£1.4bn pupil catch-up cash branded ‘pitiful’ as recovery tsar admits more is needed

Support us and go ad-free

The coronavirus catch-up tsar has said “more will be needed” to help children recover learning lost during the pandemic as school leaders branded the government’s extra £1.4 billion funding “pitiful”.

The money, announced by the Department for Education (DfE) on Wednesday, will be used to offer pupils up to 100 million hours of tuition as part of the government’s catch-up programme for children in England who have faced disruption due to Covid-19.

But the £1.4 billion – made available on top of £1.7 billion already pledged – has come under fire following suggestions that the government’s education recovery commissioner called for 10 times as much to be invested.

Education recovery commissioner, Sir Kevan Collins
Education recovery commissioner Sir Kevan Collins is reported to have called for £15 billion of funding and 100 extra hours of teaching per pupil (House of Commons/PA)

Kevan Collins, who is still considering long-term proposals to address the impact of Covid on children, reportedly called for £15 billion of funding and 100 extra hours of teaching per pupil.

In a statement, he said a “sustained and comprehensive programme of support” would be needed to get education levels “back on track”, adding that “more will be needed to meet the scale of the challenge”.

Read on...

Support us and go ad-free

During interviews with broadcasters, education secretary Gavin Williamson sidestepped questions about reports of a row with the Treasury over the funding, but did concede that “there will be more that is required”.

The Cabinet minister defended the money on offer, describing it as a “hefty amount”.

“It is quite unprecedented to be getting this quantum of money outside of a spending review,” he told BBC Radio 4’s Today programme.

Pressed further on LBC radio on whether he has requested an additional “£5-6 billion”, Williamson said: “It is incredibly tempting to get involved in divulging to you private conversations with the Chancellor and the Prime Minister, but I’m going to possibly sidestep this one, if that’s OK?”

Geoff Barton, general secretary of the Association of School and College Leaders (ASCL), denounced the funding as “dispiriting” and said it equates to just £50 extra per pupil.

He told Sky News: “It’s pretty pitiful. Only yesterday we were hearing stories about extending the school day and, even if some people disagreed with it, at least there was a sense of ‘Let’s do something radical, let’s do something different’.

“Today’s announcement essentially equates to £50 per head; you compare that with the USA, which is putting £1,600 per head, per young person, or the Netherlands, £2,500 per head.

“It’s time to stop the rhetoric, I think, and start the action on behalf of children and young people.”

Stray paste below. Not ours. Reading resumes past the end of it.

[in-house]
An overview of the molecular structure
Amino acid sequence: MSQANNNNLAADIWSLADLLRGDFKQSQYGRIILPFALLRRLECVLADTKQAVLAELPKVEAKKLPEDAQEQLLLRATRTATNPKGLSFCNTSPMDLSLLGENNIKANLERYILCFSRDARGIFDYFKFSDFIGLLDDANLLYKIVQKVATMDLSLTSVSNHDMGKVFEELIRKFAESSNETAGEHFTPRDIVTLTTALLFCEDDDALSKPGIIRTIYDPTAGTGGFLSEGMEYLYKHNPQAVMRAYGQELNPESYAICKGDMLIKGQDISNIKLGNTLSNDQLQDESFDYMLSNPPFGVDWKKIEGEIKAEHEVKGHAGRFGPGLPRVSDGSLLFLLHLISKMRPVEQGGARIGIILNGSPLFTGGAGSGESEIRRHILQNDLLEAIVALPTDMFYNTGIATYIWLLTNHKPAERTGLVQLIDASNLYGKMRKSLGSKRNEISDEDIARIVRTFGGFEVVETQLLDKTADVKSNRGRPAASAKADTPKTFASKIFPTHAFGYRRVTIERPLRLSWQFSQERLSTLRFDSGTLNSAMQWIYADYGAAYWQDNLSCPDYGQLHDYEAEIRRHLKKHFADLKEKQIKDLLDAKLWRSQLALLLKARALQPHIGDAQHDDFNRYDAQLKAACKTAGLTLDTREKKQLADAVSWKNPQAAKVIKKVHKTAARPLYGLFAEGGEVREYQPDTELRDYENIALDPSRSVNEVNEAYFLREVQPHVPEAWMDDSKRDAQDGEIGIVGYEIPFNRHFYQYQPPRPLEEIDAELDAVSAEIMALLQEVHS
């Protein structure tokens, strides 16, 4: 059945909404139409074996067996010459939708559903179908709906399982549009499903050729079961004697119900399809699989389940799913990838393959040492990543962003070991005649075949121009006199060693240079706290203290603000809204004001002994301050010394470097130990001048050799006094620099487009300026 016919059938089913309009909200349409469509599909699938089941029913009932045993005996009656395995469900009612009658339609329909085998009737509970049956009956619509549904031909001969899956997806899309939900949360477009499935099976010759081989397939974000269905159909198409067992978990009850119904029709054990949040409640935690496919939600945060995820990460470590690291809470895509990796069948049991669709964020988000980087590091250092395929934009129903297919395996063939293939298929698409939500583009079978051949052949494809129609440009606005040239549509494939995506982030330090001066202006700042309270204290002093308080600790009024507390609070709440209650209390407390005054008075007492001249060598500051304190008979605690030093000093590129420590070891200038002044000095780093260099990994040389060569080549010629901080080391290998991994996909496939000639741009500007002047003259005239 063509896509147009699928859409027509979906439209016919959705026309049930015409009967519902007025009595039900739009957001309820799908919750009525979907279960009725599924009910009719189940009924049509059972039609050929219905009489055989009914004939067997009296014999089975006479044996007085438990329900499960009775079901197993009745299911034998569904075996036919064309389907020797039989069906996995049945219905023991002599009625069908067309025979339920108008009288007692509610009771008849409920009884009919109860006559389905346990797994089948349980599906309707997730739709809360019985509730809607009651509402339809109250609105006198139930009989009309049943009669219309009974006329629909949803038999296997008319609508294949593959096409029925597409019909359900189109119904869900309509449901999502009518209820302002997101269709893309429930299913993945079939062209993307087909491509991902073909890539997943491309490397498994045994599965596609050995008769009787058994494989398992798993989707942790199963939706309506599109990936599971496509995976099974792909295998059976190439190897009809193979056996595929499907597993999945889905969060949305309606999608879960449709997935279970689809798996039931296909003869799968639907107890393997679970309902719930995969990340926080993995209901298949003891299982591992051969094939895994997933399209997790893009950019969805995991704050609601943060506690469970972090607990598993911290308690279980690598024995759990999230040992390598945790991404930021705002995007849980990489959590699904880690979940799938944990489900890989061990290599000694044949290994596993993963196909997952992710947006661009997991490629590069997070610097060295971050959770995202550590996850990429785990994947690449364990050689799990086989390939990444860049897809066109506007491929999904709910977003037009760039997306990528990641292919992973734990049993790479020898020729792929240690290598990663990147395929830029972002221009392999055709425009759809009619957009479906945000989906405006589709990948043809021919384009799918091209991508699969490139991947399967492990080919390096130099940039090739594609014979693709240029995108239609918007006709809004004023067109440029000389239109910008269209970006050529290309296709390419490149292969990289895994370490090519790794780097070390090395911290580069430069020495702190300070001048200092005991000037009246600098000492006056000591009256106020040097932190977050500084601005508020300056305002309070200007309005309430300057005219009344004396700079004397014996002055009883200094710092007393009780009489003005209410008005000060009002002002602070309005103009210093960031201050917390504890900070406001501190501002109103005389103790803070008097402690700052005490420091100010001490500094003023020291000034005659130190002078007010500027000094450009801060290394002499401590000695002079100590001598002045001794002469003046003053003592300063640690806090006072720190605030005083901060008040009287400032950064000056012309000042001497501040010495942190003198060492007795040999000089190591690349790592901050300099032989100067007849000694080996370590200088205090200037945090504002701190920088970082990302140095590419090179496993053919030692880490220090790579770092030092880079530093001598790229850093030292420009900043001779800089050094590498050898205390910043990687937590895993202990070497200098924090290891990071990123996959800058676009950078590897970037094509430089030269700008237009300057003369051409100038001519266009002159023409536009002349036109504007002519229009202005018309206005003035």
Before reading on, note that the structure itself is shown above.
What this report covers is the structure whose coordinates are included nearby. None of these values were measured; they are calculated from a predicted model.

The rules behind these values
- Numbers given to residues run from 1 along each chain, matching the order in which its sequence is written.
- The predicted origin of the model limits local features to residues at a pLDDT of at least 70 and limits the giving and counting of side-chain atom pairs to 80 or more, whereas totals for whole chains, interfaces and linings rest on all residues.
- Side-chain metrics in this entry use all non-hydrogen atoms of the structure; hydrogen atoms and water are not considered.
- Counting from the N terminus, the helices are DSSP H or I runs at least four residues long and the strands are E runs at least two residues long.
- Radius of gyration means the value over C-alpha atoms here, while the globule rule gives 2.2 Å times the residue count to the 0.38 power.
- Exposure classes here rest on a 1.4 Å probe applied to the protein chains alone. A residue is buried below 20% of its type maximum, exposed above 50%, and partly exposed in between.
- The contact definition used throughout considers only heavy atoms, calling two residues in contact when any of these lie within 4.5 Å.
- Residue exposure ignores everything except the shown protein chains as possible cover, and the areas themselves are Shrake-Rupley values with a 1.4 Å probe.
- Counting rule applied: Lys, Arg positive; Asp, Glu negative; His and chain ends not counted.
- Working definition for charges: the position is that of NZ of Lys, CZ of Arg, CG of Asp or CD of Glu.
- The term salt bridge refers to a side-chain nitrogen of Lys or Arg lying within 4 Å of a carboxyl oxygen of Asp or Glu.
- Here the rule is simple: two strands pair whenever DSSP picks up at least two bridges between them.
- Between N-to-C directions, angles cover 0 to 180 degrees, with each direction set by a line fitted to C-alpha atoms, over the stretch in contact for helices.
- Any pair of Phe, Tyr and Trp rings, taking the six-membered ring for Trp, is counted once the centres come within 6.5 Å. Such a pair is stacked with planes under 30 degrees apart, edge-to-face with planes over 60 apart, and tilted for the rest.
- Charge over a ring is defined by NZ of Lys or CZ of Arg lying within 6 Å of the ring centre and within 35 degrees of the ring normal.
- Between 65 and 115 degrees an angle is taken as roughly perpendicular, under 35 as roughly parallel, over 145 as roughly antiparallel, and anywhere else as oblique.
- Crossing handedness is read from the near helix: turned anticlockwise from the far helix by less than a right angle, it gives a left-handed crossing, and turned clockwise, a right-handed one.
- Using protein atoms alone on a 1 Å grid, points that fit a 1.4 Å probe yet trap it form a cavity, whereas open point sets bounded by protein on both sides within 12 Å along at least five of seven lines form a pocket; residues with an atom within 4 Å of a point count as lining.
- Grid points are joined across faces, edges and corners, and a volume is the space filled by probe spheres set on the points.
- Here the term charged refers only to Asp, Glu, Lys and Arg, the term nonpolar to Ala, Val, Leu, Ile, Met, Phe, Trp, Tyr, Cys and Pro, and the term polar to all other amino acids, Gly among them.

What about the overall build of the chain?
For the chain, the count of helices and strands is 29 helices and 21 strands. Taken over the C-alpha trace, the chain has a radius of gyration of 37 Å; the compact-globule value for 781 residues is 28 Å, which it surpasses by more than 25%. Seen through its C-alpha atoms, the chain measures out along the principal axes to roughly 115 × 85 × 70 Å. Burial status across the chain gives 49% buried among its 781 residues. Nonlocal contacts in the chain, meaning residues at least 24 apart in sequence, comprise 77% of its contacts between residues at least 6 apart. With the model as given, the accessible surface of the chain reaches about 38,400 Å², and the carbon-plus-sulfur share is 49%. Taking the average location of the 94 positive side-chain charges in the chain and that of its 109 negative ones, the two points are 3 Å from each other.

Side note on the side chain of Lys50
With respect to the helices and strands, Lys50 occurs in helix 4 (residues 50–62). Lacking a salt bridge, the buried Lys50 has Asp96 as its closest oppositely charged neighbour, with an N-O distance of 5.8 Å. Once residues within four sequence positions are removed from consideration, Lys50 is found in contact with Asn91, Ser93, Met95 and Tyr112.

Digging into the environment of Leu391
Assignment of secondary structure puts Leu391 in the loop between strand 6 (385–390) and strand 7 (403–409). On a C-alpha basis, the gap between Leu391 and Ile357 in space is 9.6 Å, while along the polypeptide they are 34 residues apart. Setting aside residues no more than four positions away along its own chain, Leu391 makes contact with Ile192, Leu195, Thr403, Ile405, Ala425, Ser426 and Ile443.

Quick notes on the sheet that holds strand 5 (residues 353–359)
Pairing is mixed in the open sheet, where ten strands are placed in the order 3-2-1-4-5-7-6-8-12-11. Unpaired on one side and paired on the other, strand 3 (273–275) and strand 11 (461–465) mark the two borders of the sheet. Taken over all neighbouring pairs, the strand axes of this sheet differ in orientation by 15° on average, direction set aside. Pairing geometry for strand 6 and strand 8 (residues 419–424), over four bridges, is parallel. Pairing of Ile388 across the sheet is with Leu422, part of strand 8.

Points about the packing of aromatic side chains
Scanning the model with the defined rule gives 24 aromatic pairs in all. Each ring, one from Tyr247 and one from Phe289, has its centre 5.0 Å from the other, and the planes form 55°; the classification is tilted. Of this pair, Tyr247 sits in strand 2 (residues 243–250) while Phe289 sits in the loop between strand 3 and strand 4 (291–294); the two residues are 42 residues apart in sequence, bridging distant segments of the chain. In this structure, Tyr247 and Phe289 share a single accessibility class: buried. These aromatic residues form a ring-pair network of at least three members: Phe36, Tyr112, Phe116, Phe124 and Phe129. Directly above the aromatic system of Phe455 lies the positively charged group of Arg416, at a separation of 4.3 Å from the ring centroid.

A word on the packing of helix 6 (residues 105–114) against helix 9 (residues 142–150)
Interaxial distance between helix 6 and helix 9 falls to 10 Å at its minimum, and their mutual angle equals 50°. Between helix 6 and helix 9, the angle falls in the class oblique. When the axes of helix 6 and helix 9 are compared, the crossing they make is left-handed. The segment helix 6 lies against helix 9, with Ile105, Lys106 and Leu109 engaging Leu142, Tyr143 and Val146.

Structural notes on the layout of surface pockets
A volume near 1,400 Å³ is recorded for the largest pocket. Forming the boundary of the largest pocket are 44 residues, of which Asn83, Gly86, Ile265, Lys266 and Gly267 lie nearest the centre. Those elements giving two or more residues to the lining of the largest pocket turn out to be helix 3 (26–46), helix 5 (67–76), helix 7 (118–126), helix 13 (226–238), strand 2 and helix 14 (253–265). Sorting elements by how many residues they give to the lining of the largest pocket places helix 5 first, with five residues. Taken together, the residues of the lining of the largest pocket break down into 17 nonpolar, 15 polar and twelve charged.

Dr Patrick Roach, general secretary of the NASUWT teaching union, said: “Today’s announcement falls far short of what is needed to secure an education recovery.”

Labour shadow education secretary Kate Green was also among the critics, telling broadcasters the investment “badly lets down our children and young people”.

“It’s a very limited announcement, I’m afraid, that the Government is making and children and young people can’t really afford to wait for this Government to get a sensible package that will properly address children’s educational recovery and their wellbeing,” she told Sky News.

Support us and go ad-free

We need your help to keep speaking the truth

Every story that you have come to us with; each injustice you have asked us to investigate; every campaign we have fought; each of your unheard voices we amplified; we do this for you. We are making a difference on your behalf.

Our fight is your fight. You’ve supported our collective struggle every time you gave us a like; and every time you shared our work across social media. Now we need you to support us with a monthly donation.

We have published nearly 2,000 articles and over 50 films in 2021. And we want to do this and more in 2022 but we don’t have enough money to go on at this pace. So, if you value our work and want us to continue then please join us and be part of The Canary family.

In return, you get:

* Advert free reading experience
* Quarterly group video call with the Editor-in-Chief
* Behind the scenes monthly e-newsletter
* 20% discount in our shop

Almost all of our spending goes to the people who make The Canary’s content. So your contribution directly supports our writers and enables us to continue to do what we do: speaking truth, powered by you. We have weathered many attempts to shut us down and silence our vital opposition to an increasingly fascist government and right-wing mainstream media.

With your help we can continue:

* Holding political and state power to account
* Advocating for the people the system marginalises
* Being a media outlet that upholds the highest standards
* Campaigning on the issues others won’t
* Putting your lives central to everything we do

We are a drop of truth in an ocean of deceit. But we can’t do this without your support. So please, can you help us continue the fight?

The Canary Support us